I’m still not a good candidate for Hormone Replacement Therapy due to my blood clotting disorders. It sort of feels like my body had all things hormone-related yanked out from under it, and is just trying to catch up as best it can. Externally, the skin on my vagina/labia are doing much better, especially after using Replens (recommended to me by my OBGYN). The balanced moisture helps to decrease irritation, which helps with HPV spots and I’m generally more comfortable. Internally, I think my body’s lubrication seems pretty much normal. I follow u p with my GYN after my 6-month check at the NIH.
As for intercourse, I’m feeling much better overall. There’s still a bit of pain and discomfort, typically with the vaginal introitus (opening of the vagina), but internally I am feeling much better. It helps significantly having a very patient and understanding partner – Andy is wonderful. We continue to use Good Clean Love lubricant and switch positions, which also helps minimize discomfort. Overall, sex is much better than it was a few months ago and I think it’s just going to take time. And practice.
Infections: So far, the only antibiotic that I’ve taken has been Cipro (post-coital), which has protected my body from Urinary Tract Infections. I’m thankful this drug continues to work. I continue to have monthly breathing treatments of Pentamidine, which serves as a prophylaxis against pneumocystic pneumonia, a very dangerous and community-acquired infection that can be fatal in transplant patients. I will continue these treatments through July 2021. The BK Virus that plagued me so early post-transplant, thankfully, seems greatly diminished – I no longer take Oxybutinyn (bladder numbing) or Pyridium (UTI pain).
My CMV viral test returned positive a few times between months 4-5, and as such, we switched my anti-viral medication from Acyclovir to Valganciclovir. Thankfully, my last blood test revealed no active CMV in my system, and rather than taking Valganciclovir 2x per day, I only take it 1x per day. Currently, I don’t take Acyclovir; I’ll be curious if I ever return to this medication. Finally, the HPV – warts – that were on my feet pre-transplant and then disappeared after all the chemo, etc – are very slowly returning, the Tacrolimus (immune suppressant) keeping my new blood cells from really attacking and making these buggers go away for good. Hopefully after the 6-month mark, when I stop Tacro, my body will be able to mount a response.
Lymphedema: As long as my Kidneys/Creatinine levels remain close to normal and I continue to wear compression socks/night time wrap, my lymphedema remains manageable. The biggest correlation I noticed this past month with my lymphedema, was in the health of my kidneys. When my Tacro and Creatinine levels were high – my body had a much more difficult time processing fluids and waste-products, which resulted in overall fluid retention. I joked that my feet looked like “little boats” – but it really wasn’t that funny, as it was more a symptom of general/Kidney well-being. Now that my Tacro dose is lower, my Creatinine levels have also decreased and I’m not retaining nearly the same amount of fluid as before. And of course with Lymphedema, this was exacerbated in my lower right leg. It’s something I’ll just need to continue managing – and it can vary from one day to the next. It’s frustrating, but it’s also what my body is dealing with at the present.
Vitamin/Mineral: I’m still deficient in Vitamin B, so I take a B Complex vitamin. It’s still too soon to tell if this makes a difference with my overall well-being. Honestly, I think not. Long term, I’m trying to help my body top off its nutrient stores that were obliterated with chemo and months of buttered pasta (oh so yummy) by adding a wider variety of fuel sources and my B Complex. To be continued.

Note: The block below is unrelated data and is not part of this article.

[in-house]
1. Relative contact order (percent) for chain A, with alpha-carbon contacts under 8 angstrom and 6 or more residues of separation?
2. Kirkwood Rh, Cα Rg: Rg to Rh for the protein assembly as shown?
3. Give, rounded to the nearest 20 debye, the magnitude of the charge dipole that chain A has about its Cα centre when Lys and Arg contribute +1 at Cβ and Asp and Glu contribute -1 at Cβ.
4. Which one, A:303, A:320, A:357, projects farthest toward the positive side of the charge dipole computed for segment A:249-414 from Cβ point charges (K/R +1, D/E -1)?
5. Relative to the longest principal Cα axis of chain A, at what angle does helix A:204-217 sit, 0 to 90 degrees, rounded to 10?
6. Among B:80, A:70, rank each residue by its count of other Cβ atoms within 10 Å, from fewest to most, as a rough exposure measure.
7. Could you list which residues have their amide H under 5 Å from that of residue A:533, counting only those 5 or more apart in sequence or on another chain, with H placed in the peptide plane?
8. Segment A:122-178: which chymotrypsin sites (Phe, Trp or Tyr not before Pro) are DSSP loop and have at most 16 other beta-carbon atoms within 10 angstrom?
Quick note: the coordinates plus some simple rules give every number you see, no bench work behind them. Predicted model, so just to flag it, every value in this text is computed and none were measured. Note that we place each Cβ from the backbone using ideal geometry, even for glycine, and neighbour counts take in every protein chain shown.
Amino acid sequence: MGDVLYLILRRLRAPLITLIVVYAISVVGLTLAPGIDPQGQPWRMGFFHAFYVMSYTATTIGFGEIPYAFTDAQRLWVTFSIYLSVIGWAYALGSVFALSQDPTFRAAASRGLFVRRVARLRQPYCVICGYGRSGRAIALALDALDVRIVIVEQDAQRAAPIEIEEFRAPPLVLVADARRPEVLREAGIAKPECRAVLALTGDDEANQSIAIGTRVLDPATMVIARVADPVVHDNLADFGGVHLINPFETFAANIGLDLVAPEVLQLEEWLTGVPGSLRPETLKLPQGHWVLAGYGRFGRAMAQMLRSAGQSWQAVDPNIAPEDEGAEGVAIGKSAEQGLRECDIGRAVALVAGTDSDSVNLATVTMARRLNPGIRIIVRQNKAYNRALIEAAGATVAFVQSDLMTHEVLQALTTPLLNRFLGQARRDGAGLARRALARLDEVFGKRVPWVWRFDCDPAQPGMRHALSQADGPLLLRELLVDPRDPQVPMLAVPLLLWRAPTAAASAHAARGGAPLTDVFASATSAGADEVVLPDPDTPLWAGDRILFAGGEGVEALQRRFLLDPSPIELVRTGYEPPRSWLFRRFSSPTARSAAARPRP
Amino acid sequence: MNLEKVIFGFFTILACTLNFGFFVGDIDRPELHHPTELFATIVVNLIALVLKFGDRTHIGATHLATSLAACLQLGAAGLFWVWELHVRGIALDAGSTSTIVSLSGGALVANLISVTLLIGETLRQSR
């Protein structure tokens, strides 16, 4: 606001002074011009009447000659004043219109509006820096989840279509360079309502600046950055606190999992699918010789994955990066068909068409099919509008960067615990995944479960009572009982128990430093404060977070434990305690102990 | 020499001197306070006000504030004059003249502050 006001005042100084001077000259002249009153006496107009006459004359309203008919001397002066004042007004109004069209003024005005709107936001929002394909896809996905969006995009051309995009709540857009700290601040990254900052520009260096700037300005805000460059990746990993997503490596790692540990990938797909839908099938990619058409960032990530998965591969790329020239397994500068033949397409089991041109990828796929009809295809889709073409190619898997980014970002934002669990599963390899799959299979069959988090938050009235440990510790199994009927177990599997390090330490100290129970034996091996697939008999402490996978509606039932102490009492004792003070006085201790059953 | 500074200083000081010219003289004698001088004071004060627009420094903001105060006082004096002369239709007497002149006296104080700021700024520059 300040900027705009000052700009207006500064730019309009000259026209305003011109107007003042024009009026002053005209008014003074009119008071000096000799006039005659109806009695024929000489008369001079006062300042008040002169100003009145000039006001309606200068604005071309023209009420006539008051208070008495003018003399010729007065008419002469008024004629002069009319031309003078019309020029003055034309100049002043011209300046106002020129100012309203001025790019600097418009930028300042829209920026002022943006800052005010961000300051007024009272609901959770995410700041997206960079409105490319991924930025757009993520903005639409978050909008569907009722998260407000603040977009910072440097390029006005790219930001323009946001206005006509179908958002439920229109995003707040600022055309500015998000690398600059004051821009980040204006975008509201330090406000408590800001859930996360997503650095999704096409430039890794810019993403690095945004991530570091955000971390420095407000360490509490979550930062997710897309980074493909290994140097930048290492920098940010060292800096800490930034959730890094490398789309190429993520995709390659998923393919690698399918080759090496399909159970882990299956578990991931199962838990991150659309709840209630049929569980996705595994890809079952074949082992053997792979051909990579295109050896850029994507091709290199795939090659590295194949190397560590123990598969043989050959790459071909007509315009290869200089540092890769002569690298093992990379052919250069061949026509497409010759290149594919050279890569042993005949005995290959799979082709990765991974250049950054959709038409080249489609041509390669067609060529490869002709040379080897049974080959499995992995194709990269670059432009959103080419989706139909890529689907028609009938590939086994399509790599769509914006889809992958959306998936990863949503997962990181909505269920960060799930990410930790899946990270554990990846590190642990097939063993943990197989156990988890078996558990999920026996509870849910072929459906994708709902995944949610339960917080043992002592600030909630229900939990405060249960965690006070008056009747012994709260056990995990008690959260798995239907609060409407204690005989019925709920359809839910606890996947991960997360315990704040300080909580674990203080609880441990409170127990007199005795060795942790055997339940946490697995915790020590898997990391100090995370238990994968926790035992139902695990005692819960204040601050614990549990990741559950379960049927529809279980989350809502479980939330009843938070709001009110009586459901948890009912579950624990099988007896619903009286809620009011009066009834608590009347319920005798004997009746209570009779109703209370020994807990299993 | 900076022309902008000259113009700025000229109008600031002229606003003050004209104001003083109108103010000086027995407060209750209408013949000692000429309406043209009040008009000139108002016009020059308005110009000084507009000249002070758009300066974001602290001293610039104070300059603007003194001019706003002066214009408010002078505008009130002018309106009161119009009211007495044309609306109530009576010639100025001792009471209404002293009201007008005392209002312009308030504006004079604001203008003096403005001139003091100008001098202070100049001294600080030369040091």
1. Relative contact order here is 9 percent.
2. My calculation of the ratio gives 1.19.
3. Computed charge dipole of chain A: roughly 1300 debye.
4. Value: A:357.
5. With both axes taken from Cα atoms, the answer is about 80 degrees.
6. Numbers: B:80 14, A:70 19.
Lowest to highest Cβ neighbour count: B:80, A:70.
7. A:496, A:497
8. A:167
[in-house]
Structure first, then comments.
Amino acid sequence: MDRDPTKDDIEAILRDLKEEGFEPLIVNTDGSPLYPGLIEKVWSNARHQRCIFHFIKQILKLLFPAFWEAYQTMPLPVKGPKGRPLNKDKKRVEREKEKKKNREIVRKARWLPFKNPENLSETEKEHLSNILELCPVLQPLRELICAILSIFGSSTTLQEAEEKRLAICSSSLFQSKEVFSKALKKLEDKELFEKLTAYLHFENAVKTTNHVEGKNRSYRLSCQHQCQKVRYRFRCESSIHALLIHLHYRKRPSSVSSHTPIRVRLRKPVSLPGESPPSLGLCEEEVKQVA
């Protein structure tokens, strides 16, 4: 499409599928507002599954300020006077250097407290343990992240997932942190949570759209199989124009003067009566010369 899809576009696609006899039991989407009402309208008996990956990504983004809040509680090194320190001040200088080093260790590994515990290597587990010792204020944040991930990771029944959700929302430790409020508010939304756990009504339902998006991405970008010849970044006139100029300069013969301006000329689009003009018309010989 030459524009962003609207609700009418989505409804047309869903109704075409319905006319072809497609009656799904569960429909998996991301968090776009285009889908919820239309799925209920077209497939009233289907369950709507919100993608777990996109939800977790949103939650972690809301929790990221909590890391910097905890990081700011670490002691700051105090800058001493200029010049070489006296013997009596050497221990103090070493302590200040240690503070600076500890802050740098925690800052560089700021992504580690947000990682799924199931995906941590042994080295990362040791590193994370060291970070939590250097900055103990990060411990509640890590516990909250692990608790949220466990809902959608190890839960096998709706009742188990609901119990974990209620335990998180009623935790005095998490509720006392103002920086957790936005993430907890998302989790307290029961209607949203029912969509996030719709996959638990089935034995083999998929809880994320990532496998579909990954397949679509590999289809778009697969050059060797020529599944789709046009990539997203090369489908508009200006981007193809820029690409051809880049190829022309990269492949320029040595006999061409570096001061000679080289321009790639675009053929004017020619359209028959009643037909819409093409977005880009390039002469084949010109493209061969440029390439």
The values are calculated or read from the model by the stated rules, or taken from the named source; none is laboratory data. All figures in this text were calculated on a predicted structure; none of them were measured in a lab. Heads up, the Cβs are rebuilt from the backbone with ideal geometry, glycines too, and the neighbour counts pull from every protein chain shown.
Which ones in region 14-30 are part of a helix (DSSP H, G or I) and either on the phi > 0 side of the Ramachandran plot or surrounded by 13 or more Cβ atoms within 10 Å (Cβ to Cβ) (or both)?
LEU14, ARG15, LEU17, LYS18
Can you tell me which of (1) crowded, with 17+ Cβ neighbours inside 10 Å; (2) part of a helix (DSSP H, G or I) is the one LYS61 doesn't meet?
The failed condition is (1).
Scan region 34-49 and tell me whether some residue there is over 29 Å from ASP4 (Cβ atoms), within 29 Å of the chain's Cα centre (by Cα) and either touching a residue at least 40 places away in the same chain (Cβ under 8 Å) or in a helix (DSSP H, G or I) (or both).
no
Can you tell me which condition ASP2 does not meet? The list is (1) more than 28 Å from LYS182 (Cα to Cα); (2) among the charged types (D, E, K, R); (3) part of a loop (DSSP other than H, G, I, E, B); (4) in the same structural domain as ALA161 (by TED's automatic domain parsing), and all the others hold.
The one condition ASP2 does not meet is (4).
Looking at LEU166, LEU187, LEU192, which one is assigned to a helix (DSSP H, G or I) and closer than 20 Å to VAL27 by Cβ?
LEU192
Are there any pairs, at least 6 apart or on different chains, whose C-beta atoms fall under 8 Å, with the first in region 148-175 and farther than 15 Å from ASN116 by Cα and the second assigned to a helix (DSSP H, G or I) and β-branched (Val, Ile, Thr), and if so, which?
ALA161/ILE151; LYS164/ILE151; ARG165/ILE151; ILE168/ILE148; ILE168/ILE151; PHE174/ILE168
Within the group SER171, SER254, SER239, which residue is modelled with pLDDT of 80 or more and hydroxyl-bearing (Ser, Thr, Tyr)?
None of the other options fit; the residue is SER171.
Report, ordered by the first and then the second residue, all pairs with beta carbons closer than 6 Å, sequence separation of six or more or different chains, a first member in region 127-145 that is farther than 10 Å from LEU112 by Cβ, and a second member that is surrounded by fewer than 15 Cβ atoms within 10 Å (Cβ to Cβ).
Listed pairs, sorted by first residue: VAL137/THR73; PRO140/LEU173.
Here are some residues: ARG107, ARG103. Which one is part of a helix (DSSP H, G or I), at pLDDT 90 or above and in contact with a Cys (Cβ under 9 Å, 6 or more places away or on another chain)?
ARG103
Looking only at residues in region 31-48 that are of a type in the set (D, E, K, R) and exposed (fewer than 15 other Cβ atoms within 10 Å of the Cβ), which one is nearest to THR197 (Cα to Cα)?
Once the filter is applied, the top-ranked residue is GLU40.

Mouth/Teeth: There’s nothing major that I’ve noticed, except that perhaps I’ve got a bit more moisture in my mouth. Or it doesn’t feel as dry as it did a few months ago. I use my regular toothpaste as well as PreviDent, a fluoride-toothpaste prescribed by my NIH dentist. I’ll be interested to see what the Dental folks say at my 6-month post-transplant check.
Emotional: I’m doing the best that I can. I work hard to manage the ups and downs that I experience….sometimes I just feel very impatient, other times bored, sad, frustrated, etc. But then I remind myself that those are also all human emotions, and that they’re not necessarily transplant-related. Sometimes I get really sad and wish that I could do more – a cafe, bookstore, go to the gym, travel, backpack a long trail – and I need to remind myself of what my body has been through. Other times, I wish I could give myself more grace when I’m tired or forgetful; I feel compelled to want to jump up and pitch in when I see Andy doing stuff around the house – because, again, I don’t want to be a burden or feel as though I’m not contributing. That’s less transplant, though, and more scars from my past. It’s a continual balancing act and one that I’m trying to adapt to as best I can. At the end of the day, we are all just doing our best – time for me to really pull on that self-compassion bit.
I think that’s all for now. Tuesday in general was OK – labs and a doctor visit in the morning, followed by IV fluids. We’ve decreased my Tacro dosage again, as my levels continue to be slightly high. By the time I returned home, I found Harry – our little upstairs robovac – had once again flung himself down the stairs (presumably in search of Sally, our little downstairs robovac. They are destined to never meet). Thankfully, Harry was OK and had a productive nap on his charger. Sally remained unmoved in her corner – literally.
The rest of the day remained low-key. I grocery shopped, enjoyed salad for dinner and after pool (billiards, not swimming), Andy brought me the patch I earned during my match last week – 9 on the break. Again – I’m a terrible pool player and will likely never earn another patch, so there you go. Physically, I was tired – like I am today – my facial skin a bit more sensitive (likely from a bit of sunburn); so I read and watched a movie, curled in the recliner upstairs while the rain approached.
With that – enjoy the rest of your day!